Wednesday, May 23, 2012

Looking Into the Maelstrom

The process of communication nowadays is largely fuelled by questions in search of answers. Search engines and social networks have become the starting point of communication for many people who are seeking advice, ideas, information and answers. In our time, the internet is becoming ever more a forum for questions and answers – indeed, people today are frequently bombarded with answers to questions they have never asked and to needs of which they were unaware. If we are to recognize and focus upon the truly important questions, then silence is a precious commodity that enables us to exercise proper discernment in the face of the surcharge of stimuli and data that we receive.

Amid the complexity and diversity of the world of communications, however, many people find themselves confronted with the ultimate questions of human existence: Who am I? What can I know? What ought I to do? What may I hope? It is important to affirm those who ask these questions, and to open up the possibility of a profound dialogue, by means of words and interchange, but also through the call to silent reflection, something that is often more eloquent than a hasty answer and permits seekers to reach into the depths of their being and open themselves to the path towards knowledge that God has inscribed in human hearts.

Ultimately, this constant flow of questions demonstrates the restlessness of human beings, ceaselessly searching for truths, of greater or lesser import, that can offer meaning and hope to their lives. Men and women cannot rest content with a superficial and unquestioning exchange of sceptical opinions and experiences of life – all of us are in search of truth and we share this profound yearning today more than ever: “When people exchange information, they are already sharing themselves, their view of the world, their hopes, their ideals” (Message for the 2011 World Day of Communications).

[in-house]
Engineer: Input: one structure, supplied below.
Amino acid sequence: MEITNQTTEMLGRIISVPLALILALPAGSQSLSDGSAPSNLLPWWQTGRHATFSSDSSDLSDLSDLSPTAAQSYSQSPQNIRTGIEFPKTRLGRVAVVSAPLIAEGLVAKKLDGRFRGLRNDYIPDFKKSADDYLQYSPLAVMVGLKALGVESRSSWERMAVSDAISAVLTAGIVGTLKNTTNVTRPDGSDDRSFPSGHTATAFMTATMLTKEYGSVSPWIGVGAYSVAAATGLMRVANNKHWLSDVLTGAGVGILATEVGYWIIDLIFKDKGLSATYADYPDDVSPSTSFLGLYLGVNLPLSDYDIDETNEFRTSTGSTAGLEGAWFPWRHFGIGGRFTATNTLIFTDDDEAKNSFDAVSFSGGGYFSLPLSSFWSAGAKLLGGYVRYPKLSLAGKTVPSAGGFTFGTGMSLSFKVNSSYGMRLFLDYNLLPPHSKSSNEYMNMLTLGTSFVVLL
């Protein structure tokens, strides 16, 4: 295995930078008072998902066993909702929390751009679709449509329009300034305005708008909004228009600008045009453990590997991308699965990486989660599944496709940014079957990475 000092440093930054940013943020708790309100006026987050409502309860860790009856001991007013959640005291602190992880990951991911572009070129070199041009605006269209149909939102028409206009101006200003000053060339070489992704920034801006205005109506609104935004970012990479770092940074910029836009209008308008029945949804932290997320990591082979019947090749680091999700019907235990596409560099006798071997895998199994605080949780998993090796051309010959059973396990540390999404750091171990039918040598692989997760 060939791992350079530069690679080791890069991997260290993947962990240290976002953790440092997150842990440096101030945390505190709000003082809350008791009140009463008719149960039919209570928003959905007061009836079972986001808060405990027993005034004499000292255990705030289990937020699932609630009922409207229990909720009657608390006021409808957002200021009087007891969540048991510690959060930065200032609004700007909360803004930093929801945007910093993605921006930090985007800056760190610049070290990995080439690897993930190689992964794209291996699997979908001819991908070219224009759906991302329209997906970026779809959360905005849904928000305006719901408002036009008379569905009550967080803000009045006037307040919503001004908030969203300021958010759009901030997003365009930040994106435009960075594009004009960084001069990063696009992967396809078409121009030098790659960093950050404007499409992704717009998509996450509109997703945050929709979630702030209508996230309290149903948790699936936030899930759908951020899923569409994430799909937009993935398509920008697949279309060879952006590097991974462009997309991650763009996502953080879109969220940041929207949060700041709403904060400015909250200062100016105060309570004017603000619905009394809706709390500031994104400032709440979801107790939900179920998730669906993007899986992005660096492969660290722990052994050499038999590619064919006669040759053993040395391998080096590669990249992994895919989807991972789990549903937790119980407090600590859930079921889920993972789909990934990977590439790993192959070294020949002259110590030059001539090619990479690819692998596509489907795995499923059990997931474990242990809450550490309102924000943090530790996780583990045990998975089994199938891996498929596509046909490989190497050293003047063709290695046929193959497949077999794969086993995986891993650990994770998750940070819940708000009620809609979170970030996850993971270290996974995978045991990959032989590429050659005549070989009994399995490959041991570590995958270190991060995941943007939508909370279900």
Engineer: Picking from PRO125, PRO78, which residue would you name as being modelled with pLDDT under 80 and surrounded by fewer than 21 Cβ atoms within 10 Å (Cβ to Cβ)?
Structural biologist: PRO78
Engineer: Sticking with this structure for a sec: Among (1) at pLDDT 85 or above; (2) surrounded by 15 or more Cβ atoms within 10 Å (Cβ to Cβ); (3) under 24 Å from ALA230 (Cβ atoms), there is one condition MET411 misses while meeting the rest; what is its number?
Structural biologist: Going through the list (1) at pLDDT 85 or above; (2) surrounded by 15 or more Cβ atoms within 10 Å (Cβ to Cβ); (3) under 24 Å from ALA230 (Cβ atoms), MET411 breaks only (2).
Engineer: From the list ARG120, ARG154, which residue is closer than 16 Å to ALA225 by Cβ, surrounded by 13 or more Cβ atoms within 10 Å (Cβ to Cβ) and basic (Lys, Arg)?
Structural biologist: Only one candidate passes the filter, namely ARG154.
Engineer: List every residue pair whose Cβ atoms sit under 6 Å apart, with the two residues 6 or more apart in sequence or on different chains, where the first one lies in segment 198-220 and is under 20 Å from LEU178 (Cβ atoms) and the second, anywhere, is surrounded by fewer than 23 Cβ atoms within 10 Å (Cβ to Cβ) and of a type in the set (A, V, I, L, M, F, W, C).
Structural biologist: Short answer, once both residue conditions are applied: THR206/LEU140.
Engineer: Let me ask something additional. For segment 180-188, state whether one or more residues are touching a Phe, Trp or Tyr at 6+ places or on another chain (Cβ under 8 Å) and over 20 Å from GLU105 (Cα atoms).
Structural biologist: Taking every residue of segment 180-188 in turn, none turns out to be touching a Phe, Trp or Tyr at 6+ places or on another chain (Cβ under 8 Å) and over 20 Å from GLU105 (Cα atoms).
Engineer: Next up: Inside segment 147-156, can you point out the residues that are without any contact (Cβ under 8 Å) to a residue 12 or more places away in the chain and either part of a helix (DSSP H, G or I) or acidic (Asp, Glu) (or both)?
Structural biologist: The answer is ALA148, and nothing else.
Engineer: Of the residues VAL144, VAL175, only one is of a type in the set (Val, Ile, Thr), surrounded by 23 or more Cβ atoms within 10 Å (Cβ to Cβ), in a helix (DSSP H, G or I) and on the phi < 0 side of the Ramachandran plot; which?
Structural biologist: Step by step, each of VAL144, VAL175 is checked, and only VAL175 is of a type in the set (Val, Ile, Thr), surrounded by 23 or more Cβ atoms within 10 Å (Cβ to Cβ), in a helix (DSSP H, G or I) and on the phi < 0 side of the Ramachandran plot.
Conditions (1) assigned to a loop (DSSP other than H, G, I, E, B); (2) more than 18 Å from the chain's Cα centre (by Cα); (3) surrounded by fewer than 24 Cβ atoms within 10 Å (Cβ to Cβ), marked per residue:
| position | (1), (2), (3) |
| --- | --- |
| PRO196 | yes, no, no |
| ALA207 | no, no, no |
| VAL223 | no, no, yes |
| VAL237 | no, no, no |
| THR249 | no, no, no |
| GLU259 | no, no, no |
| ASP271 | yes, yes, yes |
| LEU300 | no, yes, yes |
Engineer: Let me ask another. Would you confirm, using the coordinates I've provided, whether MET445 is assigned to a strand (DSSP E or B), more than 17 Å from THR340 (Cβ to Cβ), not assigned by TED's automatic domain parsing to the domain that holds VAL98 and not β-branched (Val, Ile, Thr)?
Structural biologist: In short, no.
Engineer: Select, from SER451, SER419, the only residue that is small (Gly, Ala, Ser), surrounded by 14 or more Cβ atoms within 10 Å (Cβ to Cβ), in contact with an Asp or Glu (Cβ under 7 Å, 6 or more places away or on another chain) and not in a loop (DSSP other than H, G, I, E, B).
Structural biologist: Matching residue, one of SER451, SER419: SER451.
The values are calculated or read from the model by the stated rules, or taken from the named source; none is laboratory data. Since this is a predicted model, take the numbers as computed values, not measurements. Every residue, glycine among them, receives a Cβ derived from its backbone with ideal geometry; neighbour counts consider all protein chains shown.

Message for World Communications Day, May 20, 2012

Reflection – You know, it takes a great man to see into the maelstrom of the Internet and its ceaseless chatter and recognize the fundamental human restlessness, seeking for truth, looking for meaning, hunting for answers.

Underneath the opinionating, the endless debates,  and the wrangling lies the quest for what is real, what is valuable, what is good and will make our lives good. It can be hard to see this basic and deep human drive in the midst of the tremendous noise, the sound and fury of our information culture, not to mention its sillier and more superficial aspects.

This is where silence enters in. The work of sorting through the surfeit and excess of words and data, the work of determining what is the truly essential matter and what is distraction, the work of getting to the bottom of a question to reveal its deepest implications and extensions—all of this is work that requires silence, contemplation, a rest from the constant in-flow of fresh stimuli.

And this is precisely what is lacking in the current information technology culture. The tendency of so many, especially the young, to get on-line and stay on-line, to live constantly surfing the digital wave, to be surrounded with noise stimulus from morning to night, precisely robs us of the ability to make any sense of any of it, to understand anything.

When we lack this necessary silence, this stepping aside from the onslaught of words and ideas to process and ponder, I think that’s when the terrible polarization, tribalization into ‘camps’, knee-jerk reactions, and re-hashing of slogans and shibboleths takes over, as opposed to real conversation.

Real communication requires silence. It requires deep listening to the other, to what they are saying and what they are really saying, but it also requires a thoughtful and careful inner work by the speaker, so that what he or she says comes out of real engagement and effort towards the true, the good, and the beautiful.

Our neighbors to the South (who make up most of my readers – hi, Americans!) are engaged in an election year. In Canada, political wrangling and posturing is a permanent reality. I have no idea how political discourse flows in the rest of the world.

We need silence, Lord. ‘Shut us up,’ so that we can delve under the surface of our words and come to understanding and even wisdom, so that our words serve not just our egos and desires, but the task and mission of loving the truth and of loving one another in the truth, so that we can shape our world according to your truth. Amen.